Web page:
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Course Title: Creative Writing I
Course Prefix: ENGL
Course No.: 2307
Section No.:
Instructor Name:
Selena Anderson
E-mail Address: [email protected]
Office Location: SJAC 215
Office Hours: by appointment
Course Meeting Days & Times: M W 1-2:30 │ SJAC 289
Course Description: This course focuses on practical experience in the techniques of imaginative
writing. May include fiction, nonfiction, poetry, screenwriting, or drama. Core curriculum course. 3
Credit Hours. Prerequisites: ENGL 1301 or permission of the Department Chair.
Student Learning Outcomes: Upon successful completion of this course, students will:
 Understand literary tropes and points of craft.
 Apply terms to specific examples and written exercises.
 Analyze representative works of published writers.
 Analyze and evaluate other students’ works.
 Write creative works in a variety of genres.
Core Objectives: Given the rapid evolution of necessary knowledge and skills and the need to take
into account global, national, state, and local cultures, the core curriculum must ensure that students
will develop the essential knowledge and skills they need to be successful in college, in a career, in
their communities, and in life. Through the Texas Core Curriculum, students will gain a foundation
of knowledge of human cultures and the physical and natural world, develop principles of personal
and social responsibility for living in a diverse world, and advance intellectual and practical skills that
are essential for all learning.
Students enrolled in this core curriculum course will complete assignments designed to cultivate the
following core objectives:
Critical Thinking Skills—to include creative thinking, innovation, inquiry, and analysis,
evaluation and synthesis of information.
Communication Skills—to include effective development, interpretation and expression of
ideas through written, oral and visual communication.
Social Responsibility—to include intercultural competency, knowledge of civic
responsibility, and the ability to engage effectively in regional, national, and global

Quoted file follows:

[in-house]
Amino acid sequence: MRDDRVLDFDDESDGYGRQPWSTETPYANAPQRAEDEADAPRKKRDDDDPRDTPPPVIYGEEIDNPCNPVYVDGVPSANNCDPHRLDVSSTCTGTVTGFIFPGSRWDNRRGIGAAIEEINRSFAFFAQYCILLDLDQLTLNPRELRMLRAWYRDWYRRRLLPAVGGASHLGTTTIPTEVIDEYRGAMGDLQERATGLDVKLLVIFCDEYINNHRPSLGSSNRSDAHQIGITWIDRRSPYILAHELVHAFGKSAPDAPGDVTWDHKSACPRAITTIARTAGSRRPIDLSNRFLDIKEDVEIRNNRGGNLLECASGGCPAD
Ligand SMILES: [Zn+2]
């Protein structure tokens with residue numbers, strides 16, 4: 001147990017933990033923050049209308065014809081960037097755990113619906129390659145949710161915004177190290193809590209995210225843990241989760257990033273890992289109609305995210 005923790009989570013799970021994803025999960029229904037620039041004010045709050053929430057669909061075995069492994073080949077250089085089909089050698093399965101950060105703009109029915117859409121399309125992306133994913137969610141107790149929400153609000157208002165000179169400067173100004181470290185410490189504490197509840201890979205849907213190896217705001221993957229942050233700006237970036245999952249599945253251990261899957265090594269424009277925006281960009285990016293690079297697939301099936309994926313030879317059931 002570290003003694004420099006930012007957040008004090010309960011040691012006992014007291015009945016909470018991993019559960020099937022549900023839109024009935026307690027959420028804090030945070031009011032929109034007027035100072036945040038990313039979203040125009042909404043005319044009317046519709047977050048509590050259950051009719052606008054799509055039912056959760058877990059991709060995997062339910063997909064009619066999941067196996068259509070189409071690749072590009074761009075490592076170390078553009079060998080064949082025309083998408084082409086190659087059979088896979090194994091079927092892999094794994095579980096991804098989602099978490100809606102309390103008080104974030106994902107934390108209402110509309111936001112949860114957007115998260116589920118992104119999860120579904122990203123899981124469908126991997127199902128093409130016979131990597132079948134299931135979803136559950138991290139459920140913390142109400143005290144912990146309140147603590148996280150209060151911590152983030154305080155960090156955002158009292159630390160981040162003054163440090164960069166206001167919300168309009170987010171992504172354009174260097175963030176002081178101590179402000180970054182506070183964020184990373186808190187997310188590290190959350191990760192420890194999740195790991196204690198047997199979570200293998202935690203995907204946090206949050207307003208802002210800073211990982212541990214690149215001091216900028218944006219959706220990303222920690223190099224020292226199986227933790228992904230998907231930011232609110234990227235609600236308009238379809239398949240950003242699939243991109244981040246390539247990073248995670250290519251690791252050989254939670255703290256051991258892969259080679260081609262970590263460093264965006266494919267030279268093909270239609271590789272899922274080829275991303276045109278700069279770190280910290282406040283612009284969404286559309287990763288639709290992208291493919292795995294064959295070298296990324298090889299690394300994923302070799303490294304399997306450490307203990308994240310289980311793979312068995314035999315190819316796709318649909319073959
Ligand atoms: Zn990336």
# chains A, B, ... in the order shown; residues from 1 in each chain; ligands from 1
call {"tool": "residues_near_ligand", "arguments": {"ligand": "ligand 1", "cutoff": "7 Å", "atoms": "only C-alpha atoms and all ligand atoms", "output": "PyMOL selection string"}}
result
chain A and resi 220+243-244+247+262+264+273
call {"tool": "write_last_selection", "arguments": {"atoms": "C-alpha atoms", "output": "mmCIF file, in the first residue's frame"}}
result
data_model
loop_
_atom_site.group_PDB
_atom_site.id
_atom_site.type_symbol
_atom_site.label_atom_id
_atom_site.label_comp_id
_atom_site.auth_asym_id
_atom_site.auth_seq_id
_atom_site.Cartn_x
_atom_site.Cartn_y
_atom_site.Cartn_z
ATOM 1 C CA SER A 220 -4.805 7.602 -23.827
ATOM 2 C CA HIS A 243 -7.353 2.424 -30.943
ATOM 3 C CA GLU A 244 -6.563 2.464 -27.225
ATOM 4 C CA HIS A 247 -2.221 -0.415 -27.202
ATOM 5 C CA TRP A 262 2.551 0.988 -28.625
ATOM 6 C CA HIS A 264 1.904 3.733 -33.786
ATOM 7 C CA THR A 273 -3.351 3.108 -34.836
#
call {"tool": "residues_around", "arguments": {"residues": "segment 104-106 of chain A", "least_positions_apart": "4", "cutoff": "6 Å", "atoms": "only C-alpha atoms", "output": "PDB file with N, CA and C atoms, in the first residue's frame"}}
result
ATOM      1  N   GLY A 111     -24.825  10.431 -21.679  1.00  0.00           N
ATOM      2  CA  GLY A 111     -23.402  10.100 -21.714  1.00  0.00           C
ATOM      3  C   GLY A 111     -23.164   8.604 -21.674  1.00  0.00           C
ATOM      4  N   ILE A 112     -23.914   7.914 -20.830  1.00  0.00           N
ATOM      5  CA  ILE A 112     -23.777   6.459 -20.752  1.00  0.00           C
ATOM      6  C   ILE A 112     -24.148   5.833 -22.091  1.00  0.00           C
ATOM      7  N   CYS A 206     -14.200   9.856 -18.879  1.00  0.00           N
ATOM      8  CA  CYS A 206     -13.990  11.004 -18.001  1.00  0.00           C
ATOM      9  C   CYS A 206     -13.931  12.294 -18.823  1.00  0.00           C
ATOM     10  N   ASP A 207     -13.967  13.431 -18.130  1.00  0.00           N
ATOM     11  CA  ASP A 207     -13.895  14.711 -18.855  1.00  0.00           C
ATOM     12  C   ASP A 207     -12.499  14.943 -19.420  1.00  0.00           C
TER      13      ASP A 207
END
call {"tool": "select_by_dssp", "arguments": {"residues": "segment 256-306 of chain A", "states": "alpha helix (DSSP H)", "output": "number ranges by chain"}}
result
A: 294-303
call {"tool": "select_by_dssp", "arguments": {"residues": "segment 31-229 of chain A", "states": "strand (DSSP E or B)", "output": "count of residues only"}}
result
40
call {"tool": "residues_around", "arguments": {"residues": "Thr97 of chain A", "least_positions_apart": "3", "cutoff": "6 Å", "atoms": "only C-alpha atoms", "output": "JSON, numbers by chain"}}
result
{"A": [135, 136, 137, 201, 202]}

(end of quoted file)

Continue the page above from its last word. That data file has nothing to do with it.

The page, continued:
Teamwork—to include the ability to consider different points of view and to work
effectively with others to support a shared purpose or goal.
Course Materials: This is an open resource course. Required materials are available on the
Web, and at times will include handouts form your professor.
Course Requirements:
Students will read and analyze published works and write original creative works designed to
demonstrate their understanding of the rhetoric, form, and themes discussed. They will also use class
conversations and written critiques as grounding for the instructional workshops and tutorials that
gradually form the nucleus of the class. Each student develops a portfolio of his/her writing that
includes revision, produces written and oral critiques, and collaborates in the editing and revision of
the creative works produced by peers.
Course Evaluation Methods
This course will utilize the following instruments to determine student grades and proficiency of the learning
outcomes for the course.
Exams – Final examination demonstrating mastery of course content
Essays – Formal essays demonstrating ability to produce college-level, research-based analytical writing
Prewriting Assignments – Assignments demonstrating engagement in writing as a recursive process
Group Assignment – Project demonstrating effective teamwork and critical thinking.
Daily Work & Participation – Minor homework assignments, quizzes, and participation in class activities